Outreach Magazine recently named Crossroads the fastest-growing church in the U.S.; in 2016, its attendance jumped 26 percent. (Also, Crossroads has about 21,000 more members than the no. 2 fastest-growing church.)

To read more about Crossroads and view the other top 10 fastest-growing churches in the country, click here.

OTR named one of five Great Neighborhoods by the APA

Last week, the American Planning Association named Over-the-Rhine one of five Great Neighborhoods on its annual Great Places in America list. The list marks the kick-off for the APA’s National Community Planning Month celebration.

Like much of the city, OTR has undergone huge changes in the past 15 years, and it's now considered one of Cincinnati’s most vibrant neighborhoods. Planning efforts showcase the historic nature of OTR and will help preserve the neighborhood’s legacy.

As part of the distinction, Mayor John Cranley declared Oct. 4 “Over-the-Rhine ‘Great Neighborhood’ Day” in Cincinnati.

Through continued public-private partnerships and the ongoing support of the community’s residents, developers have been able to restore historic buildings like Memorial Hall, Music Hall and the former St. Paul's Evangelical Church (now home to Taft's Ale House); create community gathering spaces like Washington Park and Ziegler Park; and create new housing options all over OTR.

Along with OTR, APA also recognized Seward in Minneapolis; the Heart of Missoula; Uptown Greenwood, SC; and Pearl in San Antonio.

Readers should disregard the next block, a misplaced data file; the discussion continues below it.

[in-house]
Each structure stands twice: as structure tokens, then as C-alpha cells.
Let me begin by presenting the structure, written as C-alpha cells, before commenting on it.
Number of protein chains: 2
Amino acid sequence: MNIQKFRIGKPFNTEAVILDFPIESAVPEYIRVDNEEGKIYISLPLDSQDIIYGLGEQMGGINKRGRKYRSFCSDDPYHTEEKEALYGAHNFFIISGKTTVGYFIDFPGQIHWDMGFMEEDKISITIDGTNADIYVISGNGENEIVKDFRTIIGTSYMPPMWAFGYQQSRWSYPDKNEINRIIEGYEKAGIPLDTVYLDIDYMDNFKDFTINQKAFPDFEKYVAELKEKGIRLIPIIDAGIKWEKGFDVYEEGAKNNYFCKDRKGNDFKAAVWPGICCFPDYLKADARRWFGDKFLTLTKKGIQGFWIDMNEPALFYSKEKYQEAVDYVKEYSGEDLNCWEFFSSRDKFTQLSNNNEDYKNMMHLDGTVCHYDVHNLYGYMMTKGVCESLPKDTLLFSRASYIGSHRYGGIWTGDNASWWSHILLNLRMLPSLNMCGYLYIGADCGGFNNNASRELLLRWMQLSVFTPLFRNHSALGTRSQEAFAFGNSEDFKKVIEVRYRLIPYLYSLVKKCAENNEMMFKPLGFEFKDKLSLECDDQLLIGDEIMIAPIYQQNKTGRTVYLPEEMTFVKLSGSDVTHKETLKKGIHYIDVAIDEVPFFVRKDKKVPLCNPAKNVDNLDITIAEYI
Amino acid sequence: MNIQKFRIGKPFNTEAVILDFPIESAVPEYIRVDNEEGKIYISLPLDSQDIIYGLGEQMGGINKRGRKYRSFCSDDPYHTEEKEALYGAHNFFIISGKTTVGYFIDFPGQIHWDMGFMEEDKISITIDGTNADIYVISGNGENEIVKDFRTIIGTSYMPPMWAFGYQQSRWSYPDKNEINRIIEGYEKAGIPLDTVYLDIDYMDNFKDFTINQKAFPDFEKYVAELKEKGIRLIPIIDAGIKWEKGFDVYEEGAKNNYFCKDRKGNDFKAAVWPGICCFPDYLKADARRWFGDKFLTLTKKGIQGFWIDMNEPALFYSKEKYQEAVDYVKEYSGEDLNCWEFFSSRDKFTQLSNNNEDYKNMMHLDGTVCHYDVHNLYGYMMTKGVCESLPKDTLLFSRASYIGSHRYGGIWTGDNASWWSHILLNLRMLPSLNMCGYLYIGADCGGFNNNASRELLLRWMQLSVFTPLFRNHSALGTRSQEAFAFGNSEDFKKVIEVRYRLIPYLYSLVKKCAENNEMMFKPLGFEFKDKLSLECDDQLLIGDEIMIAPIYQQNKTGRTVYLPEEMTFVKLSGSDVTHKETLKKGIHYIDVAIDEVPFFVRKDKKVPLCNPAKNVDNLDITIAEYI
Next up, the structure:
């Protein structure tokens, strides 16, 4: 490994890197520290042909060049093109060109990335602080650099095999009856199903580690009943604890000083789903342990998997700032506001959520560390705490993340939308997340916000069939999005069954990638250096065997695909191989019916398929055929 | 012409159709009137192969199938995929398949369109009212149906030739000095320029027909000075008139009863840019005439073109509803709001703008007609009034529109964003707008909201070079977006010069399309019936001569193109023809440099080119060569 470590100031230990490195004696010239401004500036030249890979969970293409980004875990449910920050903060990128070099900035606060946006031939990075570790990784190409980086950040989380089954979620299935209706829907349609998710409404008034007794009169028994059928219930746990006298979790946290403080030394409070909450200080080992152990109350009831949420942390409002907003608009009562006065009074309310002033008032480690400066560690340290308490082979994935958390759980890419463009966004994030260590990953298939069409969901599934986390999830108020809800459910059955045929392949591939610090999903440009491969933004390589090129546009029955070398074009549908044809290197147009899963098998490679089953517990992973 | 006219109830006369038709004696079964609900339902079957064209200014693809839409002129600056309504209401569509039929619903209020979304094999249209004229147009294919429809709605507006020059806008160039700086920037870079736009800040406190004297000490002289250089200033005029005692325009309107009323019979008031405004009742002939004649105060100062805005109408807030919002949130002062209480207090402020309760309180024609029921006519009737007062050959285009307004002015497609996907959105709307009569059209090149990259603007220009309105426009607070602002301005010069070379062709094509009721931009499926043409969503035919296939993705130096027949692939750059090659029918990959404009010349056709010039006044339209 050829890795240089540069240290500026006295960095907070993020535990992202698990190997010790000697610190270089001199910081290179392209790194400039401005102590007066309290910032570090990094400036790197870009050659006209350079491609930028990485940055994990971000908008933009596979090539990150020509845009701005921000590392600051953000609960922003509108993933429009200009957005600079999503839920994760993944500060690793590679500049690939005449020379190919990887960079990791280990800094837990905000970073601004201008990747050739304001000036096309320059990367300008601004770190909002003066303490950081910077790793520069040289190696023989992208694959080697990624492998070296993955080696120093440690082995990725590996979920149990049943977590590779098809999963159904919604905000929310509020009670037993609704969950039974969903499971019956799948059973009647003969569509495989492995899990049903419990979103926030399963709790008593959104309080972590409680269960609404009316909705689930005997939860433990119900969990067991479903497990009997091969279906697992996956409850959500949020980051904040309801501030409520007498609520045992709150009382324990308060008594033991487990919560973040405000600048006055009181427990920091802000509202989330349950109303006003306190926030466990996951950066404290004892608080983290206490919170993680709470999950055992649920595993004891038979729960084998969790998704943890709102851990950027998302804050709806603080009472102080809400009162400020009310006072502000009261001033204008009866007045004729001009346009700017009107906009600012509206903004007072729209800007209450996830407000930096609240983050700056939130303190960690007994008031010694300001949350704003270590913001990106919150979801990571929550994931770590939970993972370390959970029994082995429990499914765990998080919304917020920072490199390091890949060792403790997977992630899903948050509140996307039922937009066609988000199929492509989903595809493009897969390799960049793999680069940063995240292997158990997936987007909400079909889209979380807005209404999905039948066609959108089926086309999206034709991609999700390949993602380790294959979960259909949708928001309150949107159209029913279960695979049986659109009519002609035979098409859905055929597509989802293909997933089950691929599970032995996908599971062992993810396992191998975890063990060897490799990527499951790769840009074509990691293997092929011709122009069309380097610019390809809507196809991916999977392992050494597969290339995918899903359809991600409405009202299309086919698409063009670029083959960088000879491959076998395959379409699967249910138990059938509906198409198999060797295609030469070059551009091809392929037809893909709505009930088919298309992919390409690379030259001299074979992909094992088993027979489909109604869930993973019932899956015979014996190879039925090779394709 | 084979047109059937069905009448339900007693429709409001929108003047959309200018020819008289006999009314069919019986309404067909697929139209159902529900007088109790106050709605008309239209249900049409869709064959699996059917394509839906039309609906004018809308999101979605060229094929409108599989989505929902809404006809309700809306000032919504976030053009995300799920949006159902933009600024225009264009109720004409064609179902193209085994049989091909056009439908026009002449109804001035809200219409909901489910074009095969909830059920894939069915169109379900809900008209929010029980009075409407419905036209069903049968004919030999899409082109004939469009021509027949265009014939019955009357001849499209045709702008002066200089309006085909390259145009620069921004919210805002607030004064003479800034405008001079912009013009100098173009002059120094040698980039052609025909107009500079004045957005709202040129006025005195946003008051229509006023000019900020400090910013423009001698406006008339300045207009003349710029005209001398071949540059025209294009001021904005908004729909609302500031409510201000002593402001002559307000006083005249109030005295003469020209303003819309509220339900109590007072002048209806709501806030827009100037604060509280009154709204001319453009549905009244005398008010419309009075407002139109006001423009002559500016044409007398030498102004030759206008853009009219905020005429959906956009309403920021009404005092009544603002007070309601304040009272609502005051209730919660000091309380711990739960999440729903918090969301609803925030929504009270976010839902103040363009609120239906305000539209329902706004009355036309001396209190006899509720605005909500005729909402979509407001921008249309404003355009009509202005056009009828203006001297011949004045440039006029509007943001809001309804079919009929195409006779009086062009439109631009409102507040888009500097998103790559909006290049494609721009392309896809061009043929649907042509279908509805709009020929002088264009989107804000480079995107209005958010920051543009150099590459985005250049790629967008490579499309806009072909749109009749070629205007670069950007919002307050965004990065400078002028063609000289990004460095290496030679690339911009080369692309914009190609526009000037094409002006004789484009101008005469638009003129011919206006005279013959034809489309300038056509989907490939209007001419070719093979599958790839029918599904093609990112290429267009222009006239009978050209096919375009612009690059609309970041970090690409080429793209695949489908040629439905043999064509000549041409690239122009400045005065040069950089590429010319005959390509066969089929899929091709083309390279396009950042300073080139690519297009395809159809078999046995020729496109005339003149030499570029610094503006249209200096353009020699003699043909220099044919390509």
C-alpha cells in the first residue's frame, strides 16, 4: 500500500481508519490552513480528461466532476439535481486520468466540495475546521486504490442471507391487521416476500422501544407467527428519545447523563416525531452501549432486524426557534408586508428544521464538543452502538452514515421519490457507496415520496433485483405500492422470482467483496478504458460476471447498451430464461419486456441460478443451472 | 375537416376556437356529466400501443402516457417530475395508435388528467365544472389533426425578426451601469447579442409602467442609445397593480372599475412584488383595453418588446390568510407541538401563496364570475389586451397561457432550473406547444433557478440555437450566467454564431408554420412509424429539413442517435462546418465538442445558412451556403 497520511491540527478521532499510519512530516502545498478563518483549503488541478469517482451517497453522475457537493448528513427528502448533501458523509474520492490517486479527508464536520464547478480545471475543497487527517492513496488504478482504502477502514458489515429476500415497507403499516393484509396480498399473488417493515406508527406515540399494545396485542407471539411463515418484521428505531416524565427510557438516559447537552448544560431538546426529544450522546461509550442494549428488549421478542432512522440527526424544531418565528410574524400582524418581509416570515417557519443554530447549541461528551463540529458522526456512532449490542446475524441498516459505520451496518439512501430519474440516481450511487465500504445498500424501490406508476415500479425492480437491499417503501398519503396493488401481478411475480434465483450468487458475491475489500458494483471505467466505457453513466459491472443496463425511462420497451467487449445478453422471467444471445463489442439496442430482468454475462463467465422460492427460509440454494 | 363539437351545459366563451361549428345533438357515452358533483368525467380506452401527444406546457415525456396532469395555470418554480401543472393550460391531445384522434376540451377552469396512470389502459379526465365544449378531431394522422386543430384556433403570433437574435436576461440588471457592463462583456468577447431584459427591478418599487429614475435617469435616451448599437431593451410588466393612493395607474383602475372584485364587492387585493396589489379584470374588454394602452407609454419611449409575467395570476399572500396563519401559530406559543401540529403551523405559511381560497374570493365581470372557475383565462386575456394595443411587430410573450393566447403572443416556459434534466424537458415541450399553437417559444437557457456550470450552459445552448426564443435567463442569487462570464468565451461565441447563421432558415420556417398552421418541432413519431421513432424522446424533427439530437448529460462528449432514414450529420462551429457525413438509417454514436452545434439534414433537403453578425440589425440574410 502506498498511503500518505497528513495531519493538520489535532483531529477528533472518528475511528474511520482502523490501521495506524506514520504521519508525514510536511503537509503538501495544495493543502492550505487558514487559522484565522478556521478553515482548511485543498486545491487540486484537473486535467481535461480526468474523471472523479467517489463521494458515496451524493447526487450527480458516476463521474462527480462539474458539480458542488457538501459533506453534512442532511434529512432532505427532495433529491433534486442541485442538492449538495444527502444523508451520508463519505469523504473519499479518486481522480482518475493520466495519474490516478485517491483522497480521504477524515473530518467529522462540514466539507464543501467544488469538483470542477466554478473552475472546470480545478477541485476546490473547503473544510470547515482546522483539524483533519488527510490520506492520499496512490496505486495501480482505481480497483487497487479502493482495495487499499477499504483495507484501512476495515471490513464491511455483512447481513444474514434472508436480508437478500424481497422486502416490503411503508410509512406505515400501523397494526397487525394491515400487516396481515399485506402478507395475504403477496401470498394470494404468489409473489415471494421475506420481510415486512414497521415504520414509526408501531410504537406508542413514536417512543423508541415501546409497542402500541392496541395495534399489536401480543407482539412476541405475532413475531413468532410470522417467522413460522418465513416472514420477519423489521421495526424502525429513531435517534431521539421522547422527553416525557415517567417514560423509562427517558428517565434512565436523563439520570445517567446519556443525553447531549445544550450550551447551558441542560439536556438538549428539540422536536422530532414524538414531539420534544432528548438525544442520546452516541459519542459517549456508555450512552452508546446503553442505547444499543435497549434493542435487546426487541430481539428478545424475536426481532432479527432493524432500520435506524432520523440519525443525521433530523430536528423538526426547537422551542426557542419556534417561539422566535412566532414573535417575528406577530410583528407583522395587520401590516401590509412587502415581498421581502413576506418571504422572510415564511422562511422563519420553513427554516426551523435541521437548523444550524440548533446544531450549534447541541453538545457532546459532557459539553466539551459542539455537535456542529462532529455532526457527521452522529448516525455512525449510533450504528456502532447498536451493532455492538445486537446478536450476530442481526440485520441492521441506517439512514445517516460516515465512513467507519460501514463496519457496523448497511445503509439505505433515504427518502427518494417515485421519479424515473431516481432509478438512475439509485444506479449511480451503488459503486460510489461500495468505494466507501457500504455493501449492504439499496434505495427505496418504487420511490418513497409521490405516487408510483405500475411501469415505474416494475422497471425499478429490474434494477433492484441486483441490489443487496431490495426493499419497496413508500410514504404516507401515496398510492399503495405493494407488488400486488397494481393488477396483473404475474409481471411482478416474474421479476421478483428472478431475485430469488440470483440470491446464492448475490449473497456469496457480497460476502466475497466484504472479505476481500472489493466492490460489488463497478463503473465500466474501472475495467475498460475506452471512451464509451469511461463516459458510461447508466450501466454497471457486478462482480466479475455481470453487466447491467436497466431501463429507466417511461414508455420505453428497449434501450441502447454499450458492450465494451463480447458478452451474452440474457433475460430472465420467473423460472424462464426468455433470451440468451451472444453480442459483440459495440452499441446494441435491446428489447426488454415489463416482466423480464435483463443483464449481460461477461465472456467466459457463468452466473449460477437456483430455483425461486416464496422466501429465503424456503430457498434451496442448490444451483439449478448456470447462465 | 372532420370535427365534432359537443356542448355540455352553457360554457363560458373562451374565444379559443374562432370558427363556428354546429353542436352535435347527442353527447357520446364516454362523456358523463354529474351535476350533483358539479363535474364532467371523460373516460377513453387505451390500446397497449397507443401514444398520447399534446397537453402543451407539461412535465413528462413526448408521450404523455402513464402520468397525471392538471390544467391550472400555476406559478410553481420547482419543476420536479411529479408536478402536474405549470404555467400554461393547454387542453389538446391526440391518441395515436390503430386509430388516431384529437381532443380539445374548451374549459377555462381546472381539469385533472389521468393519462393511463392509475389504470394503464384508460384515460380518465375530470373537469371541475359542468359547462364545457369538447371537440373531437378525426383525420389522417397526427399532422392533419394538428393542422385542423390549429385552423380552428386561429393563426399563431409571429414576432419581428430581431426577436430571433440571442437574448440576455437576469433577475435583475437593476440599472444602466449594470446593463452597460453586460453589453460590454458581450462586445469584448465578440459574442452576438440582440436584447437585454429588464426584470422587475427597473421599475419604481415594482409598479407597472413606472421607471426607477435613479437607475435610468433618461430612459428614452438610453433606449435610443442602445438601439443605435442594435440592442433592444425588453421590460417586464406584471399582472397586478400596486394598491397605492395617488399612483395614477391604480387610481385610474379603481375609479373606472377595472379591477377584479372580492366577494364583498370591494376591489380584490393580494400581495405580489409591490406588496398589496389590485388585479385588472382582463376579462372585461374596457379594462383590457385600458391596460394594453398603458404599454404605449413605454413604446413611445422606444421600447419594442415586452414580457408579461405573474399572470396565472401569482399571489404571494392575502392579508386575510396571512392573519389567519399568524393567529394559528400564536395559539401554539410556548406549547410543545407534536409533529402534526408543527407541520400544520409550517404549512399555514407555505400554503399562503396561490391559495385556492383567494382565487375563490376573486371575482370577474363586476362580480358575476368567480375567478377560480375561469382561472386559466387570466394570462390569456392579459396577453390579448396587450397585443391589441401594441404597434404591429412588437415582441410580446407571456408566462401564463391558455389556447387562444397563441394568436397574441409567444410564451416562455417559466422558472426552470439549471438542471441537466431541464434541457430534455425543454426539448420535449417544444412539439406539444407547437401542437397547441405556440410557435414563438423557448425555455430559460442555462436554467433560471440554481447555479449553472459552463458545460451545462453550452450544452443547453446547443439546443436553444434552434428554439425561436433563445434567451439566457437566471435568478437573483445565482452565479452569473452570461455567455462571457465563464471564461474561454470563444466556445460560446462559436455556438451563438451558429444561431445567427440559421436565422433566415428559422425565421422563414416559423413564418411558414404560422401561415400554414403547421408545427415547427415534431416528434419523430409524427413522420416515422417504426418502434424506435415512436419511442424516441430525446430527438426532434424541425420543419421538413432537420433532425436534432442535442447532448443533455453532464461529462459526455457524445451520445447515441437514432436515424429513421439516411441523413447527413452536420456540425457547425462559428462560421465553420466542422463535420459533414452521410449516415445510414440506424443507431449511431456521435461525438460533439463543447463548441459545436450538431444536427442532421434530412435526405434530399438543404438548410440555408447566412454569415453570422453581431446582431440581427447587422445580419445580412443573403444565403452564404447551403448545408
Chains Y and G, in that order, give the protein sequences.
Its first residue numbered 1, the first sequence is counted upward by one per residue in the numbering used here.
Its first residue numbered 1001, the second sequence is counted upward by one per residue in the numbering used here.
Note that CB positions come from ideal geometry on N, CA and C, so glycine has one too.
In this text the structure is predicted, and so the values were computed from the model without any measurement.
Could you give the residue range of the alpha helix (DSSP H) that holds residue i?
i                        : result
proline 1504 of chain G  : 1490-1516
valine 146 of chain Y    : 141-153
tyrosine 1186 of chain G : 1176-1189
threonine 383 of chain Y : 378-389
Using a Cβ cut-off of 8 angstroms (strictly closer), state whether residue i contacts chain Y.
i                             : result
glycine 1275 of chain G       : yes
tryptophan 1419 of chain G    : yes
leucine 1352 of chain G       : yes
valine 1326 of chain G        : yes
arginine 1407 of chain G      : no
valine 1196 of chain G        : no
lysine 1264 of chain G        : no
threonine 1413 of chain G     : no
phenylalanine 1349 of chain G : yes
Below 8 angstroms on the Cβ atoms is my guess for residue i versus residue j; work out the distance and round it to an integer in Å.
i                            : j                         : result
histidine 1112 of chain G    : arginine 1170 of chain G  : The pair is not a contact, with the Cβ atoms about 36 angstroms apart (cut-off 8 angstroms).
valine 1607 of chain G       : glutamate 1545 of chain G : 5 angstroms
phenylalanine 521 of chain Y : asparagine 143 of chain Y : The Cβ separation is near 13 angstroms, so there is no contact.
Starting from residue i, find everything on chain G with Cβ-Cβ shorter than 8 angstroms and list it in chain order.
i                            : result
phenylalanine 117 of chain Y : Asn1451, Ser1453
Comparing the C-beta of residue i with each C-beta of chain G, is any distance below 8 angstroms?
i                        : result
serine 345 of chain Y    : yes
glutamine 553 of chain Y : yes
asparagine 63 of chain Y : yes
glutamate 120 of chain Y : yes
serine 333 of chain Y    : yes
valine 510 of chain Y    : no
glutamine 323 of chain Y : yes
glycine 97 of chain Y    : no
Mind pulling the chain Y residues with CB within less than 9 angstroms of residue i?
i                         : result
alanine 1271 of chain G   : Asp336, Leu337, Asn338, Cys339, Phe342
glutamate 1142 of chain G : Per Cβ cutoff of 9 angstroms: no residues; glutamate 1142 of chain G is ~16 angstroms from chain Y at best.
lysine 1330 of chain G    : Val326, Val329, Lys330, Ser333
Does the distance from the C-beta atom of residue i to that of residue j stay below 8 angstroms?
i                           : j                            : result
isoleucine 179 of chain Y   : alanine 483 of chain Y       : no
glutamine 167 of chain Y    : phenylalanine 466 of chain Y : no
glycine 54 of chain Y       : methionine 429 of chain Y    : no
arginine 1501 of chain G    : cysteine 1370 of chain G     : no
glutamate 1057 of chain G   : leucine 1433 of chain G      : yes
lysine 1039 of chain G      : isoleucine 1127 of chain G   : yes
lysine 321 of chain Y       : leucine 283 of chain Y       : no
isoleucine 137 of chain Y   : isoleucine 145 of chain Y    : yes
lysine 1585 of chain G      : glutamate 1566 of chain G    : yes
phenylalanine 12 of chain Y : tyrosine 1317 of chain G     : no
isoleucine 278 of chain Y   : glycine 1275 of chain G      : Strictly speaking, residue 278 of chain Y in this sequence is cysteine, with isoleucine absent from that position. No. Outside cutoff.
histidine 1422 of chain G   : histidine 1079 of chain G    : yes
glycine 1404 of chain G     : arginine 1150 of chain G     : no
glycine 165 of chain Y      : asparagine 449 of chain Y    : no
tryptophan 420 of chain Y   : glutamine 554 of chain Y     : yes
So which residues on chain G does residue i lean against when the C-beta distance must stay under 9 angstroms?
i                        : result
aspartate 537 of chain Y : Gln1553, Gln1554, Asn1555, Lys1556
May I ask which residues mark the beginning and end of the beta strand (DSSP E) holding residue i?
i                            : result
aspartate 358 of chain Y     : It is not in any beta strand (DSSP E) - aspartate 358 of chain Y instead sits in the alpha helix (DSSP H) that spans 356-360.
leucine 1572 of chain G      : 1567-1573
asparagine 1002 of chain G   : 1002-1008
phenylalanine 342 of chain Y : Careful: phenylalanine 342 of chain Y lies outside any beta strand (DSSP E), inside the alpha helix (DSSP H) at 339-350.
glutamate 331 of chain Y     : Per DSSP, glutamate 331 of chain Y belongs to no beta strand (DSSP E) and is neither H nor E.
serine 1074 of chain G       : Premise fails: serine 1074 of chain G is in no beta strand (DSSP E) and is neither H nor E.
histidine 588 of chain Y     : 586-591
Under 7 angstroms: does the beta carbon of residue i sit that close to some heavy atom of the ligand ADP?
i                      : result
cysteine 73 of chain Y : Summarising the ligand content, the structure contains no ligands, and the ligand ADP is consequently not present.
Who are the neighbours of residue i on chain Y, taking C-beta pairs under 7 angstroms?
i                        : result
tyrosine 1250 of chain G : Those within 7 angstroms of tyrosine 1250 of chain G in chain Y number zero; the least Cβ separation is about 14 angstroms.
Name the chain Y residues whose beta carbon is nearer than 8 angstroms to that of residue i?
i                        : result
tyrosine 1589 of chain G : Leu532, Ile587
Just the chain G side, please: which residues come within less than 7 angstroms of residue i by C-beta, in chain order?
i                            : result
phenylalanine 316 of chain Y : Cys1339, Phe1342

Click here to read more about APA's Great Places in America. 

Have you been to the Cincinnati Nature Center?

Only in Your State recently gave a shoutout to the Cincinnati Nature Center, which is the largest member-supported nature center in the country.

With two locations just outside of the city — one in Milford and the other in Goshen Township — the CNC is one of the region's best kept secrets. In total, it's home to 1,600 acres of natural landscape, 20 trails and countless opportunities to interact with nature.

You can visit the CNC as a day guest, but there are member-only perks. There are membership rates available to students and families on a one-year or two-year basis; click here for more infomation.

Read more about why Only in Your State loves the CNC.

UC's Crosley Tower considered one of nation's ugliest buildings

Cincinnati has a rich architectural history: some of its most historic buildings were designed by famed architect Samuel Hannaford, and residents are proud of its rich architectural history. Efforts continue to renovate and restore the city's gems, which is evident in the soon-to-reopen Music Hall and Union Terminal.

However, Crosley Tower at the University of Cincinnati was named one of the ugliest buildings in the U.S. by Architectural Digest. The magazine claims that the building looks like it's a single slab of concrete and would be a good home for a Disney villain. 

Crosley Tower isn't alone — click here to see the other seven buildings that made AD's list.